What X suffers from is that the X protocol is very "chatty". This has been why a lot of extensions try to do as much as possible server side to save on too many messages flying back between client and server. Ironically, that chattiness is not a problem when client apps are on the same host as the X server, and Wayland doesn't support network transparency - my biggest bugbear with it.

        Wayland is only replacing one part of the X system, and as at least one other commenter has mentioned it's not really fair to compare binary size when Wayland has only a small subset of the Xorg server's functionality. So to paraphrase a well known saying, I can't help feeling that those who misunderstand the X Window System are condemned to reinvent it poorly.

        1. cornetman Silver badge

          Re: not excited about the 'wayland' thing

          On the graphical front, many client applications these days use very little of the features that X11 offers and use it merely as a compositor, which is does fairly badly, which I think is what you're hinting at.

          Wayland/Weston is trying to produce an implementation that offers what most real clients actually do in the modern world.

          Many people are bemoaning the loss of network support etc and although I would admit that it is handy, most Linux users do not use these features and for those that still do, will still be available through an X11 client. That use case is likely to be a bit more involved to set up I grant you.

          Something *had* to be done. For n-up displays and games and a variety of other aspects, X is crufty as hell and hinders more then helps.

    5. Dan 55 Silver badge
      Devil

      Re: not excited about the 'wayland' thing

      might I remind you all:

      * systemd

      * Pulse Audio

      * Gnome 3

      any questions?

      Yes, what does Red Hat have against Linux?

    6. spuddl3z1z

      Re: not excited about the 'wayland' thing

      Ive been using Linux on my workstation and my laptop for 5 years or so now. X11 is *fine*, but PulseAudio is a complete mess. Where X11 falls down is handling multiple GPUs properly and HiDPI support, which I do admit is down to the desktop environment/display manager I am using. Oh and not to mention the whole weird configuration of it all.

      I'm currently on 20.04 with Budgie on top of GDM and whilst I can technically use Wayland, it doesn't work quite right outside of Gnome. But with 7 virtual desktops and it all setup right once you go past a certain number of windows the whole thing crawls to a juddering mess on a dual E5-2660 v3 20 Core setup.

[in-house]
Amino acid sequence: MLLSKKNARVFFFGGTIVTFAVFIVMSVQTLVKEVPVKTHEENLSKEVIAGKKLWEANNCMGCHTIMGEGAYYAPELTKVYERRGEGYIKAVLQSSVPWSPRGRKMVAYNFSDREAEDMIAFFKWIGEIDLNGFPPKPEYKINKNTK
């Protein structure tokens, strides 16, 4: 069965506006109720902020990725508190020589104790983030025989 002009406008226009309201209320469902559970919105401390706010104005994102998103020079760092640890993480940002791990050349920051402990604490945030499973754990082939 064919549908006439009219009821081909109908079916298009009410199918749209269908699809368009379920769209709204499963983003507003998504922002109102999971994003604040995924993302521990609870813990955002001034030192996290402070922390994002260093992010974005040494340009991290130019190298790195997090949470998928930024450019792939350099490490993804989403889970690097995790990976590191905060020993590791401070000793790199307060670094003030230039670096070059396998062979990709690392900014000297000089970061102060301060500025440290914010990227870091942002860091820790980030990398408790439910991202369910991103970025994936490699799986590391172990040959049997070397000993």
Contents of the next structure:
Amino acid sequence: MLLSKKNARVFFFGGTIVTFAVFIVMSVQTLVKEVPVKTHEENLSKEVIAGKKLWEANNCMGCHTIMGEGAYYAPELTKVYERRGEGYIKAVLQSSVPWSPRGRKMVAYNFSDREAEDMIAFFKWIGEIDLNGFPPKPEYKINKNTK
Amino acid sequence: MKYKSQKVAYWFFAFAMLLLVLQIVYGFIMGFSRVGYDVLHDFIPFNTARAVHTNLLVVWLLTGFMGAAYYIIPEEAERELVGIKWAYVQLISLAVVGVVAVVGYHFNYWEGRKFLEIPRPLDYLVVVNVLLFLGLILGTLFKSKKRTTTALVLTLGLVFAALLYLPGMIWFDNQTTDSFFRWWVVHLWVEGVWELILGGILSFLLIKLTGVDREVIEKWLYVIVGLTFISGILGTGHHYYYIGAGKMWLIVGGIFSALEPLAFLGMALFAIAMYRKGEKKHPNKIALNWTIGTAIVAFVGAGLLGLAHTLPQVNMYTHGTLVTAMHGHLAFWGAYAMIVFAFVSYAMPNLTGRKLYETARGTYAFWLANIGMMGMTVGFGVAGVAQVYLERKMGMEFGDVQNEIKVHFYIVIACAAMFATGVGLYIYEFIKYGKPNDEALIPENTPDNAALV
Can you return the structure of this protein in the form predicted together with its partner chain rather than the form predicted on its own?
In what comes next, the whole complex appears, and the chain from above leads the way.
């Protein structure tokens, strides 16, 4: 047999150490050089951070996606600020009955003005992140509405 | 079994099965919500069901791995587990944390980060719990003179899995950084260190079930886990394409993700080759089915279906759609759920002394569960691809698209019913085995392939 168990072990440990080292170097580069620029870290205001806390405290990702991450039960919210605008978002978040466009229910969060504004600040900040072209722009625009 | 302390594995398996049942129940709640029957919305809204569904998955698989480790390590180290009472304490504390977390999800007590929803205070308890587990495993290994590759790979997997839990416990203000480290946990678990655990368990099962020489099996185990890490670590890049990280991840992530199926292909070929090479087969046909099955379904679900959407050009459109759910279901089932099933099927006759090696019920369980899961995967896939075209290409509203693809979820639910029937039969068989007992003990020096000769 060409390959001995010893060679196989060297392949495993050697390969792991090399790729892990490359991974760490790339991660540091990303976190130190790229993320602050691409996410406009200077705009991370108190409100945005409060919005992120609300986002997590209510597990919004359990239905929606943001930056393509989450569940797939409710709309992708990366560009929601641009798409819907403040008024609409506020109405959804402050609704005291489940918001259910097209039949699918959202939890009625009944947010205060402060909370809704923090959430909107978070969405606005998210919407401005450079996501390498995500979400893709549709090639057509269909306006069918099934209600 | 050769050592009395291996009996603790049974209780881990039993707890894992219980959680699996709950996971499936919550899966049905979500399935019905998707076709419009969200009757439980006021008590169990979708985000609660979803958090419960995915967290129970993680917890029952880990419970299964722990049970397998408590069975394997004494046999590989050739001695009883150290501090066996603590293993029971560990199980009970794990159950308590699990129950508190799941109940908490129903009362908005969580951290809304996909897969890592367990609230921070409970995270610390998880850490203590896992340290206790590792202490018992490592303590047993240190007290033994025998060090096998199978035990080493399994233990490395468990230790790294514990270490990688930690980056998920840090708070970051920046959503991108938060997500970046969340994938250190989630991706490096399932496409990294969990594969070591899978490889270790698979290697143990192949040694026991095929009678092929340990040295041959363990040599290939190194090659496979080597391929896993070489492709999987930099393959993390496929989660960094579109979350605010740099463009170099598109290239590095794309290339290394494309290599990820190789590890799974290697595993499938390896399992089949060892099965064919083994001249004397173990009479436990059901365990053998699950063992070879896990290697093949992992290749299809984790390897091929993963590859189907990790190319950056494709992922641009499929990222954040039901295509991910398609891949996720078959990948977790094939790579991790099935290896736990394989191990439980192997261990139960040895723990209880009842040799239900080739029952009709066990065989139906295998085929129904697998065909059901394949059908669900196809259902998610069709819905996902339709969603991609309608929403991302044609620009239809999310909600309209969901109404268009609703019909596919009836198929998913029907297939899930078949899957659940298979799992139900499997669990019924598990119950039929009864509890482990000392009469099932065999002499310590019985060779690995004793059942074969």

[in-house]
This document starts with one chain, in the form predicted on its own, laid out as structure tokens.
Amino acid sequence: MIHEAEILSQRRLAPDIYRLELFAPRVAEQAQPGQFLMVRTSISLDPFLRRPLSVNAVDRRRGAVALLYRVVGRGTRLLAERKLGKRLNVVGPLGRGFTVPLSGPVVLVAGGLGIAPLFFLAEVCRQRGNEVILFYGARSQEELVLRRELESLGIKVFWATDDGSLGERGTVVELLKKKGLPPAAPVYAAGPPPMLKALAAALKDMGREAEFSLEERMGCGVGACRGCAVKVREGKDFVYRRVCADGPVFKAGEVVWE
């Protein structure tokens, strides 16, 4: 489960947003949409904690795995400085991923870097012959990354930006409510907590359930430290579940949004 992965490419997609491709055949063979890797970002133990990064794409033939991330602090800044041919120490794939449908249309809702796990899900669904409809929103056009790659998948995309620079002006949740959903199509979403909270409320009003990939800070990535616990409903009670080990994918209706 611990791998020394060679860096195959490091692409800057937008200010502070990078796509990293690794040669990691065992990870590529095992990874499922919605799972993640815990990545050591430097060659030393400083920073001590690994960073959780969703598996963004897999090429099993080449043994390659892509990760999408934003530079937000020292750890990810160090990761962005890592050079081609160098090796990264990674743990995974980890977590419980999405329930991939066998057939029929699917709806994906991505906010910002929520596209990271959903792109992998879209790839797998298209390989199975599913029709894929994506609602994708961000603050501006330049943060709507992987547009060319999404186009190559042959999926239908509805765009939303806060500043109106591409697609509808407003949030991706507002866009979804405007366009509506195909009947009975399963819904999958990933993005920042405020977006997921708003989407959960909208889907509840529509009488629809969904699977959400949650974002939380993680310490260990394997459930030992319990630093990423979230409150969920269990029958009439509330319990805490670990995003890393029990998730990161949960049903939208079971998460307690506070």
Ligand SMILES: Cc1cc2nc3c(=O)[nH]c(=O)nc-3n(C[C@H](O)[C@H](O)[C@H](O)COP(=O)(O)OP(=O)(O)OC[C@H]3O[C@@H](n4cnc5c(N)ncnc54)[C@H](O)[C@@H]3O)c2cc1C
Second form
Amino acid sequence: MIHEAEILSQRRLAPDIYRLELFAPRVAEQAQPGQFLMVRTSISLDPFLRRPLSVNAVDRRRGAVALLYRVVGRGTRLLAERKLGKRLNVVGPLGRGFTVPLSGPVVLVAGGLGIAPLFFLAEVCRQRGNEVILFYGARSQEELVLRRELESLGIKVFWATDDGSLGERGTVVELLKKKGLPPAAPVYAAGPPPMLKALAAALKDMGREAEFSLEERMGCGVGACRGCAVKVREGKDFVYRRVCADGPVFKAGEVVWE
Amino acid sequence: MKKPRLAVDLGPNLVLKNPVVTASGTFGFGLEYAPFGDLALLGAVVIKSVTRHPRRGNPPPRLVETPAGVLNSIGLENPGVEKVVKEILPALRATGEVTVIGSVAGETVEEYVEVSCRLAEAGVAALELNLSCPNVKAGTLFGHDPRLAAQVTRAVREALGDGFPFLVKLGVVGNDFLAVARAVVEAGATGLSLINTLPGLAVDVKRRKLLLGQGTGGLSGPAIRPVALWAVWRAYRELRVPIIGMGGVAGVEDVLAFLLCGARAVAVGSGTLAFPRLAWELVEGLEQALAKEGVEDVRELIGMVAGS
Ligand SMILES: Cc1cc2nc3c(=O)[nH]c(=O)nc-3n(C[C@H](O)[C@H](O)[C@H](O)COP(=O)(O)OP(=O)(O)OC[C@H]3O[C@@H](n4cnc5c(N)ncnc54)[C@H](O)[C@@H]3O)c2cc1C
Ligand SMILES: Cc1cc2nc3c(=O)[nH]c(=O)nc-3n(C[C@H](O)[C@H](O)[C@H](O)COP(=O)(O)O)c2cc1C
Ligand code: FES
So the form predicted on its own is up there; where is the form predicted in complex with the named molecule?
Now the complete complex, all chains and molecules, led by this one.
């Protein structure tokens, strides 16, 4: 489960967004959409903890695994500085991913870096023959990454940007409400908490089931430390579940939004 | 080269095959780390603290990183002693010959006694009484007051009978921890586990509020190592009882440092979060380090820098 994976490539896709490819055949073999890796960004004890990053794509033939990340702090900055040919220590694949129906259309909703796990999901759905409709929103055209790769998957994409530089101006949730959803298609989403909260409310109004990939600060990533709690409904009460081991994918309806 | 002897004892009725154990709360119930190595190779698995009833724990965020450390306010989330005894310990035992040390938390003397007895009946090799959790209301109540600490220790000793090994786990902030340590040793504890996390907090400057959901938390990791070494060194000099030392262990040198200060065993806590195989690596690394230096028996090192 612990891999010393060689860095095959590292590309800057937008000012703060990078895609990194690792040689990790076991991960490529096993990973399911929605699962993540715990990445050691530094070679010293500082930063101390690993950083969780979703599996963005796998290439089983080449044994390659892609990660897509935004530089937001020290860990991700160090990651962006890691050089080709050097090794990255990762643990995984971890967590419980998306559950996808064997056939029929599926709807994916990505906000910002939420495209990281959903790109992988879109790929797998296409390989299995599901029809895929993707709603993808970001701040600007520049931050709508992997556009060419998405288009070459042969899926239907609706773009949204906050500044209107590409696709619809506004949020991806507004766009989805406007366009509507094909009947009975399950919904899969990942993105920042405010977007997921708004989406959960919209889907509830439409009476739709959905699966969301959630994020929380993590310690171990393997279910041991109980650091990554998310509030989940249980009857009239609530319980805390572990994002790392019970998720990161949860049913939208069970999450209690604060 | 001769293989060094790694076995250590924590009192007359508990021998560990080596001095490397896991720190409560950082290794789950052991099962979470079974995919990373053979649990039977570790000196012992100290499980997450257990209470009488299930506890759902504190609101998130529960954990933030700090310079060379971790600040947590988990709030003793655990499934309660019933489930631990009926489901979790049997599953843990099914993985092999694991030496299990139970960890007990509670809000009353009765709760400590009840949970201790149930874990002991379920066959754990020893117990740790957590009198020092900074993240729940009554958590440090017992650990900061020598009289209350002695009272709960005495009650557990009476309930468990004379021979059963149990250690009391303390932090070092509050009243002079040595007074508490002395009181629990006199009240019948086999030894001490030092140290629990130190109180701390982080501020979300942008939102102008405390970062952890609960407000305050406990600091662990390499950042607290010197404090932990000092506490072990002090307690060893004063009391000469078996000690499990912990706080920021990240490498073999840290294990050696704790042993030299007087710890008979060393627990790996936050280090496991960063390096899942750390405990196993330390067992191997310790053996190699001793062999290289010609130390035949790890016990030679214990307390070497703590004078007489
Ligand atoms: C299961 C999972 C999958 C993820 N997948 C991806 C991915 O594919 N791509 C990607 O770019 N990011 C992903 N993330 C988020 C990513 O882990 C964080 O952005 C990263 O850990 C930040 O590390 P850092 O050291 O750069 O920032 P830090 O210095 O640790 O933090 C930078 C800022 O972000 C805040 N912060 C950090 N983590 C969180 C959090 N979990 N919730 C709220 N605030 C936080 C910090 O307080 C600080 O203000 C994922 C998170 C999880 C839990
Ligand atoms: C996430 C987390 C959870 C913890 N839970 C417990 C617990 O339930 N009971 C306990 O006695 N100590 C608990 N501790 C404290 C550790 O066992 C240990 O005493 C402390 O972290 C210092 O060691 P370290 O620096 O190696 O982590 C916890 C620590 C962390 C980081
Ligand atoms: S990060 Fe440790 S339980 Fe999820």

Running Gnome with Wayland is super smooth, things seem snappier despite the fact it is the more heavyweight DE. Real world numbers I can't provide but I think given the kind of stack I would be measuring the only metric can be snappiness/responsiveness; super subjective I know. I find X11 just seems to lag or judder at times, no matter what DE/Display Manager you are using. I didnt *feel* this with Wayland until the system was entering swap and was under extremely heavy load, but the juddering wasn't as jarring.

      I'm going to try a test move to Fedora 34 using KDE on top of ZFS. PulseAudio on 20.04 is broken and I think Wayland needs the support of people using it for it to get to where it needs to be. As for X11 forwarding, VS Code over SSH is far superior IMHO and NoMachine is superb as well. I imagine Wayland will screw me on NoMachine Virtual Sessions though. Oh and everything over WireGuard keeps it uber secure. Haven't needed X11 forwarding for some time now.

    7. martyn.hare

      Re: not excited about the 'wayland' thing

      Wayland will make Linux useful for watching videos and playing games without having to choose between tearing or dropped frames. It’s a key part of modernising the stack to compete with Windows 10 (in terms of GUI performance) and macOS (GUI isolation between apps) by providing a solution which combines the best of both worlds. When the GNOME implementation is fully baked without a need for Xwayland, I can see Linux in a strong position to compete with the other industry titans.

      Speaking as someone who first used Linux on an Athlon XP 2000+ and who later spent many of his teenage years (and a little beyond) playing Tremulous, I cannot emphasise enough how much of a fundamental improvement the GNOME Wayland implementation is even in an early, lackluster form. Seriously, Xorg was like the aRts of the graphics world, it just got in the way of everything, needed a dedicated key combination to kill itself whenever it had a hissy fit and was prone to full screen lockups (remember using Konqueror as your web browser anybody?). The folks begging to keep it around clearly don’t remember what it was like in its “prime” and only see the kludge-filled workarounds made by GTK and Qt devs which give it the illusion of polish and stability...